- NB. Listed companies have additional requirements relating to proxy voting (s 251AA);
- When attendees leave and re-enter the room;
- Abstentions from voting, e.g. due to conflicts of interest;
- Closing time;
- Signature of the chair.
What should not go into Minutes?
Minutes can be used for a director’s defence in court. However, poorly taken minutes may also be used against a director by regulators or the opposing party.
Matters which should not be included in the minutes are:
- Individual speeches or arguments;
- Admissions of liability.
Keep to a minimum disclosure of legal advice, which is generally subject to legal professional privilege. Minutes can briefly state that a matter subject to professional privilege was discussed but not go into detail.
Should reasons for decisions be recorded?
With the focus on accountability in the current regulatory and corporate governance environment, some commentators suggest as advisable the inclusion of broad reasons for decisions in the minutes. A brief outline of factors material to the decision, any dissenting views and the amount of time spent on discussion may help to establish that directors have exercised proper care and diligence in their decision making. Recording the length of time spent on a discussion can denote the relative importance of a matter to a board meeting, reinforcing that directors have given it due consideration.
Can Minutes be used in court as evidence?
Minutes can be used as evidence. Section 251A (6) of the Corporations Act 2001 provides that ‘A minute that is so recorded and signed is evidence of the proceeding, resolution or declaration to which it relates, unless the contrary is proved’.
The minutes are not conclusive evidence of what happened at a directors’ meeting. It is evidence ‘unless the contrary is proved’. For the presumption to apply, there must be strict compliance with the one month limit. However, the High Court in the James Hardie case (ASIC v Hellicar (2012) HCA 17) emphasised that, even where this formal presumption does not apply, the minutes can still be important evidence because they will be a near contemporaneous record of events.Heydon J in that case concluded that the minutes were ' immensely powerful evidentiary support for ASIC's case'.
The High Court also made three other important points in relation to minutes:
- the fact that some parts of the minutes were inaccurate did not necessarily imply that other parts of the minutes were inaccurate
- the fact that the minutes were drafted before the directors' meeting does not necessarily imply that they did not accurately record what happened at the meeting, particularly where the minutes have been considered after the meeting
- if the minutes are false, then adoption of those minutes could mean that directors are in breach of sec 1308 (2) and (4) of the Corporations Act 2001, which make it an offence to make misleading statements in relation to a document required by the Corporations Act 2001.
Do Minutes have to be in English?
There are no requirements under the Corporations Act 2001 that board minutes be taken in English. However, as a matter of good practice, recording minutes in English will assist auditors in their work and save on delays if the minutes are requisitioned in a court action. Future directors of the organisation who do not speak the language in question will more readily understand where the organisation has been in the previous years.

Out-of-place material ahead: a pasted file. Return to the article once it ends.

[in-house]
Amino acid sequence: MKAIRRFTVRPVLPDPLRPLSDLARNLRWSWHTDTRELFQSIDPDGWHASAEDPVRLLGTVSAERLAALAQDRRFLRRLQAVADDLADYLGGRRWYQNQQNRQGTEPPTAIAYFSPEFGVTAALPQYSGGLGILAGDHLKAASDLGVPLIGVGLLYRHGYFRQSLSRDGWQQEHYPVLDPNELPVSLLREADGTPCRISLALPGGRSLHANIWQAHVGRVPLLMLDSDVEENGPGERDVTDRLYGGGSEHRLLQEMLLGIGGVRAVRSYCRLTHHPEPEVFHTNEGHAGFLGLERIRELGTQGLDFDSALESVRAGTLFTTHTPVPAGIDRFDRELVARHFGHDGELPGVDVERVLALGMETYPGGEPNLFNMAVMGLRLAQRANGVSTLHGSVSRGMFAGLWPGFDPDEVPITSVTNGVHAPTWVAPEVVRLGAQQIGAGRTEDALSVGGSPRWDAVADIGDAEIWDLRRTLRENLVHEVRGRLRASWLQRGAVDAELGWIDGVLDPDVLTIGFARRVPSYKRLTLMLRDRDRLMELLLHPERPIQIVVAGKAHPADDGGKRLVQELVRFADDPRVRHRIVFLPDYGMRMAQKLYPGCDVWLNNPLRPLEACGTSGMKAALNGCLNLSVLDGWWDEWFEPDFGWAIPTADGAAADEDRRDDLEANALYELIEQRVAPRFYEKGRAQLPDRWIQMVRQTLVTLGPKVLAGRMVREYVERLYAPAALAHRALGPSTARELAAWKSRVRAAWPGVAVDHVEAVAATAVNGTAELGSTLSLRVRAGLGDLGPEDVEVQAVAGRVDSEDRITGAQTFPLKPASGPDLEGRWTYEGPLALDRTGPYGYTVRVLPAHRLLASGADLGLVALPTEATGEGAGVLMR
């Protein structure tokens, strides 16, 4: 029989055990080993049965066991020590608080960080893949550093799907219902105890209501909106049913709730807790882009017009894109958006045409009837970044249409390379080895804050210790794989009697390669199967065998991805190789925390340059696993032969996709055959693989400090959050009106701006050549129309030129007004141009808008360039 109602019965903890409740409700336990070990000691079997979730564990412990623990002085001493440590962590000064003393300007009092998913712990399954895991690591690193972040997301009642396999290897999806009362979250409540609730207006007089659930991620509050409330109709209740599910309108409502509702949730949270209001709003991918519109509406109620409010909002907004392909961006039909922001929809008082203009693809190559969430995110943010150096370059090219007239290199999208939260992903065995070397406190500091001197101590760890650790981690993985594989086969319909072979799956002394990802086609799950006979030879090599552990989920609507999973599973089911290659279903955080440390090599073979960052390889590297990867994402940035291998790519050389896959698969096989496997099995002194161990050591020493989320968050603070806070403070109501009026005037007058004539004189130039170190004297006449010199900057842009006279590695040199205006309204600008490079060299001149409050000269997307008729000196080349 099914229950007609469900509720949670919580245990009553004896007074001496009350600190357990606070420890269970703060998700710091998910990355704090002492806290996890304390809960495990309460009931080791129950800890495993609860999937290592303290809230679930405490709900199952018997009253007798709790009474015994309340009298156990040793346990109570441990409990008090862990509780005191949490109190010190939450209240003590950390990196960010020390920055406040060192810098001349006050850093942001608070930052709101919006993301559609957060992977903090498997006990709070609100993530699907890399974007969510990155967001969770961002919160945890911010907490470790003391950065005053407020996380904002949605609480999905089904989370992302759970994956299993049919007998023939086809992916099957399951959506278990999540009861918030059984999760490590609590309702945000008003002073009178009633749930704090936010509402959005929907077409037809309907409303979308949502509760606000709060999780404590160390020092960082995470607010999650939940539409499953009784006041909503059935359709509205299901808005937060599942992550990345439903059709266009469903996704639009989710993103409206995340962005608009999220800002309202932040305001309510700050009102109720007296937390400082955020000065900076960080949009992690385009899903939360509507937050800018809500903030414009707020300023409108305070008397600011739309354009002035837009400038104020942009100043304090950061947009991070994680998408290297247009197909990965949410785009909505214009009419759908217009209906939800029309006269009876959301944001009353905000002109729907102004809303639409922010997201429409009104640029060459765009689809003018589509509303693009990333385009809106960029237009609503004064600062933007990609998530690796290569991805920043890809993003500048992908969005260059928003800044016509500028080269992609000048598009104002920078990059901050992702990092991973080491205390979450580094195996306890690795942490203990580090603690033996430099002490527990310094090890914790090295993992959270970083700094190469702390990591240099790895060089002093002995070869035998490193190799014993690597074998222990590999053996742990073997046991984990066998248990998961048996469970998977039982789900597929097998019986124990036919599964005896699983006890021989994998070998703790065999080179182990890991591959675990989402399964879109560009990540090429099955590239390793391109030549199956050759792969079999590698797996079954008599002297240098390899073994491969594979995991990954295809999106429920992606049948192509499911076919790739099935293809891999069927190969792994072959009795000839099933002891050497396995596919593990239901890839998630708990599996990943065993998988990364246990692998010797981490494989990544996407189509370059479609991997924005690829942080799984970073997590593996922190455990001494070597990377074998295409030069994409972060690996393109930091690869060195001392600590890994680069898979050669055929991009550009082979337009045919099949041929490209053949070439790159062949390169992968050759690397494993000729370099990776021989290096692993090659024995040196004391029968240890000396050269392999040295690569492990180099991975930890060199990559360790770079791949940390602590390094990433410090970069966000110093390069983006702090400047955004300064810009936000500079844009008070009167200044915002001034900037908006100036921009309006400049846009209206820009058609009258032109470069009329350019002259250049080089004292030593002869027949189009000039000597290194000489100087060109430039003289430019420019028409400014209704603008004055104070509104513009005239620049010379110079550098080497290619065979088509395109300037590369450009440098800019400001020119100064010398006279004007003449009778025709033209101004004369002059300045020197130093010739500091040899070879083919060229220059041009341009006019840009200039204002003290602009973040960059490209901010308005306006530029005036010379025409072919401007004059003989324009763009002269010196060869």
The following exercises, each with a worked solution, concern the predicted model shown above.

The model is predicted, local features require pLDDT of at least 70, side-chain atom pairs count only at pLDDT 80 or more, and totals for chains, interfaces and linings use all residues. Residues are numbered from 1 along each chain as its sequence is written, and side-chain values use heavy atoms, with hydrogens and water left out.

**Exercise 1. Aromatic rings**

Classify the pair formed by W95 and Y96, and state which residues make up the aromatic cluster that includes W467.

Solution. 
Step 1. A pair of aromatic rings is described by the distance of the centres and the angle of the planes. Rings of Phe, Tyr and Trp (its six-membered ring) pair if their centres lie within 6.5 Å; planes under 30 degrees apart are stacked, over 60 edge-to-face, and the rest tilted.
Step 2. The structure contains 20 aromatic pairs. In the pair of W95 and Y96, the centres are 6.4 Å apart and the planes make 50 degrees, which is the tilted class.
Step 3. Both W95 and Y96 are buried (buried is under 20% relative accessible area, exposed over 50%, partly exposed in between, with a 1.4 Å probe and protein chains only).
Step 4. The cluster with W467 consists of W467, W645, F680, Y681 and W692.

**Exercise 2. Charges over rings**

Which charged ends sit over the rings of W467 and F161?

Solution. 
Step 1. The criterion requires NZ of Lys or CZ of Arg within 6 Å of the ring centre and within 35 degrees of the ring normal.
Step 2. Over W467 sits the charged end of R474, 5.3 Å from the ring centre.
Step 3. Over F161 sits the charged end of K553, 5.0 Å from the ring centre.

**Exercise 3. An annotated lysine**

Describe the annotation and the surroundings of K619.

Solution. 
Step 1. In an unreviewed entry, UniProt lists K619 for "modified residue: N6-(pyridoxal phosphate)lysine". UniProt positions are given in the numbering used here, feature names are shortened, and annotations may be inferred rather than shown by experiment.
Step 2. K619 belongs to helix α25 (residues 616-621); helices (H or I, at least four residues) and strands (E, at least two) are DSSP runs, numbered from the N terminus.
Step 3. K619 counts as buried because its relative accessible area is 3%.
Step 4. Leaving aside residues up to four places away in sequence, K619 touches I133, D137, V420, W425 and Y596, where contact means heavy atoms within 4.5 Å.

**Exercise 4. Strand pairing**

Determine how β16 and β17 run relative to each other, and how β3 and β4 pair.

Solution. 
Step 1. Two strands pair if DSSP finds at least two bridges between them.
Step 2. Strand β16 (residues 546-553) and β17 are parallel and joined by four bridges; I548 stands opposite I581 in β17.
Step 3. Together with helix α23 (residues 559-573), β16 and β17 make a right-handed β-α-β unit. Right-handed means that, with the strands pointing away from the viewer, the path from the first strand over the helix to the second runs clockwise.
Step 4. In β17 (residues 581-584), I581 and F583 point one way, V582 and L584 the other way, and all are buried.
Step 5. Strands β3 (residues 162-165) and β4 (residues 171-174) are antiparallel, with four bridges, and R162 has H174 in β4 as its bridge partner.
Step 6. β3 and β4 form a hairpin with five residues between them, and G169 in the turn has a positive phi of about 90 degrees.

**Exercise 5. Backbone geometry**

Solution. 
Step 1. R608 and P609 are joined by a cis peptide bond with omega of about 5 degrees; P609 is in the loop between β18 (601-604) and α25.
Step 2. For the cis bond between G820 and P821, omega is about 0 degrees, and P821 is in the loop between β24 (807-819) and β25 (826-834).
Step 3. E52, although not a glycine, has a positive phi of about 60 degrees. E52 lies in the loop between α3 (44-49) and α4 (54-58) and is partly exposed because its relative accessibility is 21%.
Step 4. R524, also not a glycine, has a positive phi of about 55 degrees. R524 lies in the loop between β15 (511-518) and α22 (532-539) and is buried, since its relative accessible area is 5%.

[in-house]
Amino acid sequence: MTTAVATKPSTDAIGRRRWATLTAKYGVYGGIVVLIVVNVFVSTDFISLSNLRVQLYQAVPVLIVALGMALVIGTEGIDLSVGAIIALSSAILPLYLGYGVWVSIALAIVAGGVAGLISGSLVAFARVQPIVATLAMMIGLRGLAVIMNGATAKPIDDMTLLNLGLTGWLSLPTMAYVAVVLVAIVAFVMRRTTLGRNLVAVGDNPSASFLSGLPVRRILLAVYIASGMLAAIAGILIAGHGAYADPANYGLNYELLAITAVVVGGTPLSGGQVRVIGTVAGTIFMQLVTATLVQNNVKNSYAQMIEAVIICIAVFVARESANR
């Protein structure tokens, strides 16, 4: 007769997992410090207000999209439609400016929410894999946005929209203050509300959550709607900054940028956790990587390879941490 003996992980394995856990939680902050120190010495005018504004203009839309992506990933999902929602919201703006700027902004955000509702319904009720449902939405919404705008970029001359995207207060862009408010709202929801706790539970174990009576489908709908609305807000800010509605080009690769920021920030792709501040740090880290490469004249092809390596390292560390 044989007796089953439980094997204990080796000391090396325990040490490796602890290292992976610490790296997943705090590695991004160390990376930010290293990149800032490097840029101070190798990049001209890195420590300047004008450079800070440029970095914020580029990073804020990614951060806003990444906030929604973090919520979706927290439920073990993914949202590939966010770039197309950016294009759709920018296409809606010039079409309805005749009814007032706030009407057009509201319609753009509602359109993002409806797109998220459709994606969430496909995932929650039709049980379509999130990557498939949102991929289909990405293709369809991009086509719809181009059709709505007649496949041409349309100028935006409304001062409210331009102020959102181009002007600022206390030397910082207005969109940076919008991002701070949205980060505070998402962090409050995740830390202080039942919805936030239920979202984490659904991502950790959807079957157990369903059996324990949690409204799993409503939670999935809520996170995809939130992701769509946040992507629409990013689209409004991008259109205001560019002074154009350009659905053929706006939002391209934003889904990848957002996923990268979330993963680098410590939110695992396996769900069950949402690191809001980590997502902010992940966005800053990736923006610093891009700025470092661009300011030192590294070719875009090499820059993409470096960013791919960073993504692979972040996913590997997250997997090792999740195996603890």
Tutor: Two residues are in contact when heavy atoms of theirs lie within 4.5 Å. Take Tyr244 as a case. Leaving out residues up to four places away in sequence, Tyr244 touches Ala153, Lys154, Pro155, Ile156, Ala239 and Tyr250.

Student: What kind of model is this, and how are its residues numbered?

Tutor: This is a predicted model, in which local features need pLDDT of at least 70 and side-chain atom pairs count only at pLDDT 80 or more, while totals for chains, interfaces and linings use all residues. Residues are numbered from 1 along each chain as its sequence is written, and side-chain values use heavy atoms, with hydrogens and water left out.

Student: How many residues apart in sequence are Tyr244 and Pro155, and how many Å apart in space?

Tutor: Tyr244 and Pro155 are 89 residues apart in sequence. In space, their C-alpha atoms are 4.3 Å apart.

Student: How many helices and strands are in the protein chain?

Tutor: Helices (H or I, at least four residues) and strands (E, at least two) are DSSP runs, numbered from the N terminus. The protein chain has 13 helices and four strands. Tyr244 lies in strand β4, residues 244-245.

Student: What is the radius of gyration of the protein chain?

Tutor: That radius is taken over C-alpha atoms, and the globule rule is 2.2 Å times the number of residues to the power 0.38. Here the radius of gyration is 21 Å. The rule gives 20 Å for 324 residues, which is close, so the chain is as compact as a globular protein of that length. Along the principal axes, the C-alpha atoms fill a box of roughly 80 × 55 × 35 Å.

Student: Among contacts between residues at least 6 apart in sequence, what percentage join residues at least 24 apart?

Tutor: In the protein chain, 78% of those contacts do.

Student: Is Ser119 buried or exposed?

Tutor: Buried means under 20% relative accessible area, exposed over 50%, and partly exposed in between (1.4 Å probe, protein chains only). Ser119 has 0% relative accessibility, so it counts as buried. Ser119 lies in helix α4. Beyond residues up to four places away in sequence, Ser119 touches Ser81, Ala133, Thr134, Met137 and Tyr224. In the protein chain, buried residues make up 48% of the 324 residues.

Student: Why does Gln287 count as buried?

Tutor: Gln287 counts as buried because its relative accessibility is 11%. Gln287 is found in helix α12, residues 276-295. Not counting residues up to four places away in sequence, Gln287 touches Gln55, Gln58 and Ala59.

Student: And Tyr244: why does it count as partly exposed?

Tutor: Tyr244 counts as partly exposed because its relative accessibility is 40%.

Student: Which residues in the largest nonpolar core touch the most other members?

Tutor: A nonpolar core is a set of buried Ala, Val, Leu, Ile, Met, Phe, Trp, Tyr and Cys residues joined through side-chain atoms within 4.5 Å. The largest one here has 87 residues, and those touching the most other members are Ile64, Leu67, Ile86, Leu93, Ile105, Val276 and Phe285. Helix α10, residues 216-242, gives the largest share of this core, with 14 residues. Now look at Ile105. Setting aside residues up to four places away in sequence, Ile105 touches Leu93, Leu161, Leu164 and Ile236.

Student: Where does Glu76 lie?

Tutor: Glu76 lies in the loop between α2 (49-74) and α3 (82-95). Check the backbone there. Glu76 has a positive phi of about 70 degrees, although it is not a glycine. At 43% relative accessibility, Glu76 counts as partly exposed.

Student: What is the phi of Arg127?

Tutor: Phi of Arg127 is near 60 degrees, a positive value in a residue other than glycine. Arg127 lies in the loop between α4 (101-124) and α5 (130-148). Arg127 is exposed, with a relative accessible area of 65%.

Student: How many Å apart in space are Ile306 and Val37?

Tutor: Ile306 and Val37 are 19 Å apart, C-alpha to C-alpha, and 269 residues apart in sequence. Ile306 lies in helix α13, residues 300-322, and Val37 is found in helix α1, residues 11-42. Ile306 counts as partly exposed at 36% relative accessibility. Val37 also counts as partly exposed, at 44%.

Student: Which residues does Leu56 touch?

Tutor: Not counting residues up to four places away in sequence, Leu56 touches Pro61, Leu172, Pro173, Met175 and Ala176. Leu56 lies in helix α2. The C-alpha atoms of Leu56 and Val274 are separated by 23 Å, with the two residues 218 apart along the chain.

Should directors make their own notes of board meetings?
There is no legal obligation on directors to take personal notes. The responsibility for record keeping lies solely with the organisation. It is unlikely that a court would view the absence of director’s notes as a sign that a director has not fulfilled his/her duties.
Like minutes, directors’ notes can be requisitioned as evidence in court. This might be helpful if the notes show that the director has adequately informed him/herself, questioned appropriately and used proper care and diligence. However, taking notes can create risk – ambiguous, inconsistent or incomplete records can be used against a director.
Boards have a responsibility to properly evaluate the minutes circulated after meetings. Directors may want to take notes during the meeting to refresh their memory when the minutes are circulated. They should request additions, clarifications or corrections where necessary. After the minutes are signed, there is no real reason to retain any notes.
Should there be minutes of 'In Camera' meetings?
The term ‘in camera’ comes from the Latin meaning ‘in the chamber’. It refers to private meetings and is used frequently in the law. Sometimes boards may want to meet without management present. Perhaps one or more directors may need to absent themselves from discussion of a matter due to conflicts of interest or duty. In these examples, the meetings could be said to be held in camera.
Whether there should be minutes of an in camera meeting is up to the individual board. Some organisations allow their minutes to say that an in camera meeting took place but don’t share any further information. Other organisations may be fuller in their descriptions.
If formal actions come out of this meeting, then it would be advisable to document them so that outcomes can be tracked in subsequent meetings.
Should the Minute taker stay for an 'In Camera' meeting?
Again, this will depend on the individual organisation and the situation. If the board wants to meet without management and the company secretary is a board appointee, which is typical in Australia, then they can probably stay. The chairman will be instrumental in this decision.
Should those absent be able to see the Minutes?
Under the Corporations Act 2001 all directors have a collective responsibility for decisions and actions. Absent directors are bound by the decisions made. Therefore, if a director is absent, he or she probably should see the minutes.
Directors and officers are bound by a duty not to misuse company information to gain a personal advantage or to cause harm to the organisation (s 183).
Annual General Meetings: A Guide for Directors, Australian Institute of Company Directors, Sydney, 2009
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Updated January 2013